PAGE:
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he hasn't the courage to let that little alone. He says he can take it or leave it, but we know he can't, because he sometimes takes it. The man who says "I can take it or leave it alone" never leaves it alone. No young man expects to become a drunkard, but, lacking the courage to refuse the stuff absolutely, he decides to follow in the footsteps of his friend who seems none the worse for the drinks he has taken, but nine times out of ten he lands in the ditch and in a drunkard's grave, all because he lacked a little courage at the beginning. Courage to begin with is what is needed.

Every young man knows all about the evil effects of drink, but thinks he will quit by and by. If he can't control himself when he is clean, upright, and pure, how can he expect to after the habit has been formed? Give us more courage and we will have more men who can say no. "Men who will not lie; men who will not steal; men who will not flinch; men who can look the world or the devil right in the eye and say NO; men through whom the current of everlasting life runs still and deep and strong."

In business and in every walk of life lack of

courage keeps thousands in the background. Another place where moral courage is needed is by the thousands of employés and employers who are entrusted with business secrets. It is wrong for such people to say they don't know, and, besides, it is a useless excuse, for every one knows they do know. But how they rise in the majesty of their own greatness when they truthfully and courageously say, "that is a business secret, a matter I cannot talk about." That is courage as great as was ever displayed on the field of battle. It is a principle that ought to be emblazoned in letters of gold on the walls of every office in Christendom, and in characters as permanent as the everlasting hills stamped into the lives of the millions yet to be.

Give us the courage that will enable us to own up to our mistakes when we make them; that is another virtue that should be written in letters of fire across the sky. It isn't so bad to make a mistake, but to try to cover it up is fatal. Give us the courage to withhold the hasty reply or the stinging blow. Anyone can engage in a fist fight; it is a mere animalism; it takes ten times the courage for a man to

maintain his dignity and scorn to stoop to the level of an unworthy antagonist.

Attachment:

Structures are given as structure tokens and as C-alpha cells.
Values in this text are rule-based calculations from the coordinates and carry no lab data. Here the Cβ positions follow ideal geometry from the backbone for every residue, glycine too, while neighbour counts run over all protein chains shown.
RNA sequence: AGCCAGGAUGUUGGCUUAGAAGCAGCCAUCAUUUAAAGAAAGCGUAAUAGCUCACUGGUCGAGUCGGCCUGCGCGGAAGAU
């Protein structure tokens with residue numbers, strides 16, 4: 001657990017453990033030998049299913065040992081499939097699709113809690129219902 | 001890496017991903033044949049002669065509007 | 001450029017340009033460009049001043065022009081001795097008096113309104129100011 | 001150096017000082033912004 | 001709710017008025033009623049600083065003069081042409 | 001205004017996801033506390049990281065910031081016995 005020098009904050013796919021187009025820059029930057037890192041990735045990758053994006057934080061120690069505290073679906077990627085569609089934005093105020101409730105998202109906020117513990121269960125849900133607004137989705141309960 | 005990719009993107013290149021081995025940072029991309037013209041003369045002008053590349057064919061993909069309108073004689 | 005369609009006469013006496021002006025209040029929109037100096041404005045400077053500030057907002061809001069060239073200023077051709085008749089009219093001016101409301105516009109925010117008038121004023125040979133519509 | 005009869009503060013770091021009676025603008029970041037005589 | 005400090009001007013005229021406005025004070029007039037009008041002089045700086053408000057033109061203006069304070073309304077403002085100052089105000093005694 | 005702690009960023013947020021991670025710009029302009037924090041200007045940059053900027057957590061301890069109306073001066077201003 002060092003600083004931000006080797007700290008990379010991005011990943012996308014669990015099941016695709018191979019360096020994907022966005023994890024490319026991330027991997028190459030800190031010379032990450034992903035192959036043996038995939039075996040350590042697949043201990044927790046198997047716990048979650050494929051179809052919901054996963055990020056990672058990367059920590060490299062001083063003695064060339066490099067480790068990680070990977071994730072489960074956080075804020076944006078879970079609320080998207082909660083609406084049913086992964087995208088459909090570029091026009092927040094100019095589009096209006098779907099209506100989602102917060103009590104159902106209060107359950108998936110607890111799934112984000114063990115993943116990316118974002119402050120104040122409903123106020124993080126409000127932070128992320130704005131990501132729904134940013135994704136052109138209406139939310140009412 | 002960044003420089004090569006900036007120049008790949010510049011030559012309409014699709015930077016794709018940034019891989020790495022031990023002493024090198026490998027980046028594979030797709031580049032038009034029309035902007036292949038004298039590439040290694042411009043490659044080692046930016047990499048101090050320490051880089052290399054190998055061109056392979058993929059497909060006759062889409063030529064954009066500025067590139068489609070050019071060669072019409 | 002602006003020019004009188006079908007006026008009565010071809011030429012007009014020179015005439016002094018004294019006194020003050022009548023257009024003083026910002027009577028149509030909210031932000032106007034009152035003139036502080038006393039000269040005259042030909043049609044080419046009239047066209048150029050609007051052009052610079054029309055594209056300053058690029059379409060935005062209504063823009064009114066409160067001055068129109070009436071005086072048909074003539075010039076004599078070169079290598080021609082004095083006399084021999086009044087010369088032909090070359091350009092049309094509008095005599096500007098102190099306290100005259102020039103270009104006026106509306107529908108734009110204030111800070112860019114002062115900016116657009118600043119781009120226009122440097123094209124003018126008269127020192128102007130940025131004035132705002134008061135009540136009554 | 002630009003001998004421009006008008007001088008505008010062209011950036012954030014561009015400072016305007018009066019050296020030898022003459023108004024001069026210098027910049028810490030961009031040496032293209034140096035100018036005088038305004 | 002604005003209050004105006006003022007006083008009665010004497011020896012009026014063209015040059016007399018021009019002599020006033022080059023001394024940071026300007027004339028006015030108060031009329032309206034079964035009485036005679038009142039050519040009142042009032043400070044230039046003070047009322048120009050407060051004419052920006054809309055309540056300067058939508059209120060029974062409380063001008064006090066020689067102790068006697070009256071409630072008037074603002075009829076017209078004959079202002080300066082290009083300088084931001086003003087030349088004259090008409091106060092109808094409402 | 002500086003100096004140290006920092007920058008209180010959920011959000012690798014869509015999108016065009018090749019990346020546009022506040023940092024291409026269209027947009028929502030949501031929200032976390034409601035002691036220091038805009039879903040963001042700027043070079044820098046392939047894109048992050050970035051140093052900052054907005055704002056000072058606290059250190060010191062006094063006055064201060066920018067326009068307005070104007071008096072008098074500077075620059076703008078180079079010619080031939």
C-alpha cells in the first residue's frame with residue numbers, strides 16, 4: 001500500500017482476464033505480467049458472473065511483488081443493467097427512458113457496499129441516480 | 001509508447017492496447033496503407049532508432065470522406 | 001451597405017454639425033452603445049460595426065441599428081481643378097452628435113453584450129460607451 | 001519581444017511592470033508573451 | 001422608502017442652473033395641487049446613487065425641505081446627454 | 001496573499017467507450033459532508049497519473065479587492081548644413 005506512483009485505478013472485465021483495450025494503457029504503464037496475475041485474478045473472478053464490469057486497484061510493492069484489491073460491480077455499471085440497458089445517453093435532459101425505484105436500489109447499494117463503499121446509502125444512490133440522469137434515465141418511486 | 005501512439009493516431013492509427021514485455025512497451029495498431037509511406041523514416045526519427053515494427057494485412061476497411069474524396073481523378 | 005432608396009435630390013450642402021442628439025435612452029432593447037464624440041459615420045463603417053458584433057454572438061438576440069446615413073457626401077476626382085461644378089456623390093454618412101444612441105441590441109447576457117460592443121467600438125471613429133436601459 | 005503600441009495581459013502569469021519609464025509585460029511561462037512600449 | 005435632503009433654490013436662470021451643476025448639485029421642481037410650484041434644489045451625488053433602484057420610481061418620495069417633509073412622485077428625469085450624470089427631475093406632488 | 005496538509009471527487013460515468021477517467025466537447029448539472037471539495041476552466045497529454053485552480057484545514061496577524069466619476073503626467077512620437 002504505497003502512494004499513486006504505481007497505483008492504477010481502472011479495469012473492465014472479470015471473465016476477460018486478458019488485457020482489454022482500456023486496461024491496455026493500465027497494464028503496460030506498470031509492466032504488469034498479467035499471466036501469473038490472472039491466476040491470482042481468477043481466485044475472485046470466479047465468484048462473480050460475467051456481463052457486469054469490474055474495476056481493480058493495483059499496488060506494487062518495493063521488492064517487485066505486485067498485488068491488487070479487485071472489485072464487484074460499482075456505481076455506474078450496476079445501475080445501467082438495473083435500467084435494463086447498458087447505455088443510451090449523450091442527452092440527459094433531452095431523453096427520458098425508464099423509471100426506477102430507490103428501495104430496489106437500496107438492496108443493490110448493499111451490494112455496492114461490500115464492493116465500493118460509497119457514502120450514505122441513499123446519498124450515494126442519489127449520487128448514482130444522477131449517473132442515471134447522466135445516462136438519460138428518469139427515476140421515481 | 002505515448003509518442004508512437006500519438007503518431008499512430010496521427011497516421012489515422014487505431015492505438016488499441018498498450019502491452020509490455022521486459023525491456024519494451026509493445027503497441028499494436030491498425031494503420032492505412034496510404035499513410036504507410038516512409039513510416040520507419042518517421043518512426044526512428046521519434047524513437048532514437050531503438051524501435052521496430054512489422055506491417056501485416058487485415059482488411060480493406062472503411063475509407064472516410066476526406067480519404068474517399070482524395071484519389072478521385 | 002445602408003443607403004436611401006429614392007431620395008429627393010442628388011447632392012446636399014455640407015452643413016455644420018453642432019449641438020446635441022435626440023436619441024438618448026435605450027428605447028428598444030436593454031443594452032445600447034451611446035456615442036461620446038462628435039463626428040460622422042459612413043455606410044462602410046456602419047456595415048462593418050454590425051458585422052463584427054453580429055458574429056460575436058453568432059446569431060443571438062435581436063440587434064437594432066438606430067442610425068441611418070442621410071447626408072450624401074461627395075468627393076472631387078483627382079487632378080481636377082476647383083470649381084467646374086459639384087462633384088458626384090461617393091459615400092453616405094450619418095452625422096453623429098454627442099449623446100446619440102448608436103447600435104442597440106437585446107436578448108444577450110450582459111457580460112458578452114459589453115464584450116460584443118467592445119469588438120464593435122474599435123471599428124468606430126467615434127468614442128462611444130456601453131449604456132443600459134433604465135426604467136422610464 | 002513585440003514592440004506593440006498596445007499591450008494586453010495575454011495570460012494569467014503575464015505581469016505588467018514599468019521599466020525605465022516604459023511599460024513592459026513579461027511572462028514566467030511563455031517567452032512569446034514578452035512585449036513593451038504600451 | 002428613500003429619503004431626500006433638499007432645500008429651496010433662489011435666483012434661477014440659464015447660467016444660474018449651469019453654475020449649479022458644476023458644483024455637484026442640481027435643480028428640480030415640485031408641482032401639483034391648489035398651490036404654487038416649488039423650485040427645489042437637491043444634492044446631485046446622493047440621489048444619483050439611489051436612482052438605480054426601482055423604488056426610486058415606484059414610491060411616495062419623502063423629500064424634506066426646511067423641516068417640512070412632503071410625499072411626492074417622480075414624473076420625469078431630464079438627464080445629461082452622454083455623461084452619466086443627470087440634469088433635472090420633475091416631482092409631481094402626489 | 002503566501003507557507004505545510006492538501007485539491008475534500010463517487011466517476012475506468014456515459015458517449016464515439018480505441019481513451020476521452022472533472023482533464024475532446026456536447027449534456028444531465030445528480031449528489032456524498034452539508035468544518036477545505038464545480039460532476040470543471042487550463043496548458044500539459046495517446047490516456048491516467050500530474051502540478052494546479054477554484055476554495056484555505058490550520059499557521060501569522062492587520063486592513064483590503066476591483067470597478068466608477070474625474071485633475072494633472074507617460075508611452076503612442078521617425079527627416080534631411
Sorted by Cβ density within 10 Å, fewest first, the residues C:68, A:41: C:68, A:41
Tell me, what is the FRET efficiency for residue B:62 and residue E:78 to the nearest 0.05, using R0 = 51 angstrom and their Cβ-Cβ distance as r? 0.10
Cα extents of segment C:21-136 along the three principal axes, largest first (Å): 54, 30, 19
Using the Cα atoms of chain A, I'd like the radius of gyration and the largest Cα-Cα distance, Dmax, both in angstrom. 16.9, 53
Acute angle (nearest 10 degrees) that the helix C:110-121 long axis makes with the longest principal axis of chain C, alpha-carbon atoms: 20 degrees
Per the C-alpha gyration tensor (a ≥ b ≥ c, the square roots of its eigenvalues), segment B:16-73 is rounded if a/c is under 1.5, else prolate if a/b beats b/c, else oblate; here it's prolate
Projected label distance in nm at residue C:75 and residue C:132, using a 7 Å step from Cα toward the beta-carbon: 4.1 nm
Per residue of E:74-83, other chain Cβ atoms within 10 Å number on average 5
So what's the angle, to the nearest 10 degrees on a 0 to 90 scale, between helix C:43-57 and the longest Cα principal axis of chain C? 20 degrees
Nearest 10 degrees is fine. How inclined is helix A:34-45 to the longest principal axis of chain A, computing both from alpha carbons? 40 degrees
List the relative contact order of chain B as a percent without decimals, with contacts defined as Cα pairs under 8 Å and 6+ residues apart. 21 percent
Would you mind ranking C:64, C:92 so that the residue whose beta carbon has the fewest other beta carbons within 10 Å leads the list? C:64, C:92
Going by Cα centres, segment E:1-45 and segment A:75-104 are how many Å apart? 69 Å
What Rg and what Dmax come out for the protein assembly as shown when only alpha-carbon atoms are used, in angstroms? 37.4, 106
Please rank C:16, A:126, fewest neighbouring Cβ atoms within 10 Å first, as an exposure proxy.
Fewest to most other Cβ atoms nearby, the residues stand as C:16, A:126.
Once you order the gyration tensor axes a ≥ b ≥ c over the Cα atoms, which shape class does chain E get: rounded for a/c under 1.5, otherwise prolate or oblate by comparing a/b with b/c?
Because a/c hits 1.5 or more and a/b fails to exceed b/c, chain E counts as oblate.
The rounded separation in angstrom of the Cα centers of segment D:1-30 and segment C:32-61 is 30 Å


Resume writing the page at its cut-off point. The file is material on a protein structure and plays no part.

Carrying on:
Give us the courage to be frank, absolutely frank, fearless, honest, and true. It will lighten the heart, glorify the soul, and bring into the face a glow of beauty and righteousness that grows brighter and brighter unto the perfect day.



IF a man does anything worth while it is because he first did something when he was a boy. A boy who is always pampered and made to believe that he is only a little boy, and given nothing to do, is the boy who will do nothing when he grows up. To be successful requires long preparation-it won't do to begin at maturity. We hear a great deal of talk about the city boy not being able to cope, in after-life, with his country brother, and the statement can hardly be made too emphatic. The man who was a country boy leads, as a rule, in nearly every race that requires strength of mind or of muscle. The city boy is just as honest, just as anxious, just as deserving as the country boy, but he has not been brought up right. He usually misses a great education; not schooling-he spends three days in school where the country boy spends one, but he does nothing else. He has unfortunately missed the real education that makes school education worth while. The

average city boy of well-to-do parents doesn't
know how to dress himself until he is six or
seven years old. He has never found out that
he can.
It is "mamma" this and "mamma"
that, and he grows up without knowing that he
is supposed to do anything. If there is any
work to be done about the place someone is
employed to do it, and the boy naturally con-
cludes that he was intended for something
better than just ordinary work. On such a boy
his parents have placed the stamp of doom,
and they don't all live in the city; yet the envi-
ronment of the country is against idlers, and as
long as there are chores to do it will be pretty
hard to bring up, in the country, a boy who
doesn't at times have the satisfaction of knowing
that he is useful.

Doing chores is a boy's salvation. A country boy is useful and earns his living about as soon as he is big enough to wear trousers. He becomes a full-fledged farmer and a levelheaded, practical man before the city boy knows how to do anything but play. He has developed good common sense before he is six; he knows when things are going all right and when they aren't. If a pig gets through the fence he

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